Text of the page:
Optical projection tomography based 3D-spatial and quantitative assessments of the diabetic pancreas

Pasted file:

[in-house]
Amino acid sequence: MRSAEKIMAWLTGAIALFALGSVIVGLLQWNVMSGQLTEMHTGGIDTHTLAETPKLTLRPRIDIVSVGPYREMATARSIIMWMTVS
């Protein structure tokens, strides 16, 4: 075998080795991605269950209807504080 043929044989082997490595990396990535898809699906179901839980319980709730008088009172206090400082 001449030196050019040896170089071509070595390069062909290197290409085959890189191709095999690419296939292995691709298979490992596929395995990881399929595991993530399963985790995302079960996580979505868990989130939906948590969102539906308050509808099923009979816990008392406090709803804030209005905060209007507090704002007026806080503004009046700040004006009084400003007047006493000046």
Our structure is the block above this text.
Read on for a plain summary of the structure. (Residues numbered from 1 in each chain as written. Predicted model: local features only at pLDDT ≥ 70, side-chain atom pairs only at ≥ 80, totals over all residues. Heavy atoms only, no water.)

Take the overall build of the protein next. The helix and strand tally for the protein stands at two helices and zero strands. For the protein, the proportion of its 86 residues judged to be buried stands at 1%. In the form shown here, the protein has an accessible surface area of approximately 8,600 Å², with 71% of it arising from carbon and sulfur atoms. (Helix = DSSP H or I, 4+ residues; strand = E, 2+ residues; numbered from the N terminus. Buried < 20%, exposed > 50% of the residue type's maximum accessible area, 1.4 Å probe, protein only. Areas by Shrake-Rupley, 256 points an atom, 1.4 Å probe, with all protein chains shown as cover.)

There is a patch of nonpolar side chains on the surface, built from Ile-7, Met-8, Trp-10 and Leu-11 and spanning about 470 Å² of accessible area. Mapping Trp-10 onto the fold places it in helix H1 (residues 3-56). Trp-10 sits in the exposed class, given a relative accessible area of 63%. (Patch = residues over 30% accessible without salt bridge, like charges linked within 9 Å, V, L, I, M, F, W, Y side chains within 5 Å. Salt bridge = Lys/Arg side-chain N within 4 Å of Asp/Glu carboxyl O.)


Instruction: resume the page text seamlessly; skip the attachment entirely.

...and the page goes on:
Sammanfattning: The gastrointestinal tract comprises a number of digestive organs including the stomach and pancreas. The stomach is involved in the digestion and short term storage of food while the pancreas is a mixed endocrine and exocrine gland which provides the body with hormones and enzymes essential for nutritional utilisation. The pancreas consists of three different cell lineages, acinar, ductal and endocrine cells. The endocrine cells, organised in the islets of Langerhans, are scattered throughout the exocrine parenchyma and regulate blood glucose levels by production of hormones such as glucagon and insulin.The Nkx family of homeodomain proteins controls numerous processes during development. Previous studies have identified two members belonging to the Nkx6 subfamily of Nkx proteins, Nkx6.1 and Nkx6.2. We have described the cloning and embryonic expression pattern of Nkx6.3. All three members of the Nkx6 gene family were shown to be expressed in partially overlapping domains during the development of the gastrointestinal tract and the central nervous system. Nkx6.2 was also identified as a transient marker for pancreatic exocrine cells.Analysing gene expression patterns and morphological features in tissues and organs is often performed by stereologic sampling which is a labour-intensive two dimensional approach that rely on certain assumptions when calculating e.g. ?-cell mass and islet number in the pancreas. By combined improvements in immunohistochemical protocols, computational processing and tomographic scanning, we have developed a methodology based on optical projection tomography (OPT) allowing for 3D visualisation and quantification of specifically labelled objects within intact adult mouse organs. In the pancreas, this technique allows for spatial and quantitative measurements of total islet number and ?-cell mass. We have further developed a protocol allowing for high resolution regional analyses based on global OPT assessments of the pancreatic constitution. This methodology is likely to facilitate detailed cellular and molecular analysis of user defined regions of interest in the pancreas, at the same time providing information on the overall disease state of the gland.Type 1 diabetes mellitus (T1D) can occur at any age and is characterized by the marked inability of the pancreas to secrete insulin due to an autoimmune destruction of the insulin producing ?-cells. Information on the key cellular and molecular events underlying the recruitment of lymphocytes, their infiltration of the islets of Langerhans and consequent ?-cell destruction is essential for understanding the pathogenesis of T1D. Using the developed methodology we have recorded the spatial and quantitative distribution of islet ?-cells and infiltrating lymphocytes in the non obese diabetic (NOD) mouse model for T1D. This study shows that the smaller islets, which are predominantly organised in the periphery of the organ, are the first to disappear during the progression of T1D. The larger islets appear more resistant and our data suggest that a compensatory proliferative process is going on side by side with the autoimmune-induced ?-cell destruction. Further, the formation of structures resembling tertiary lymphoid organs (TLOs) in areas apparently unaffected by insulitis suggests that local factors may provide cues for the homing of these lymphocytes back to the pancreas.
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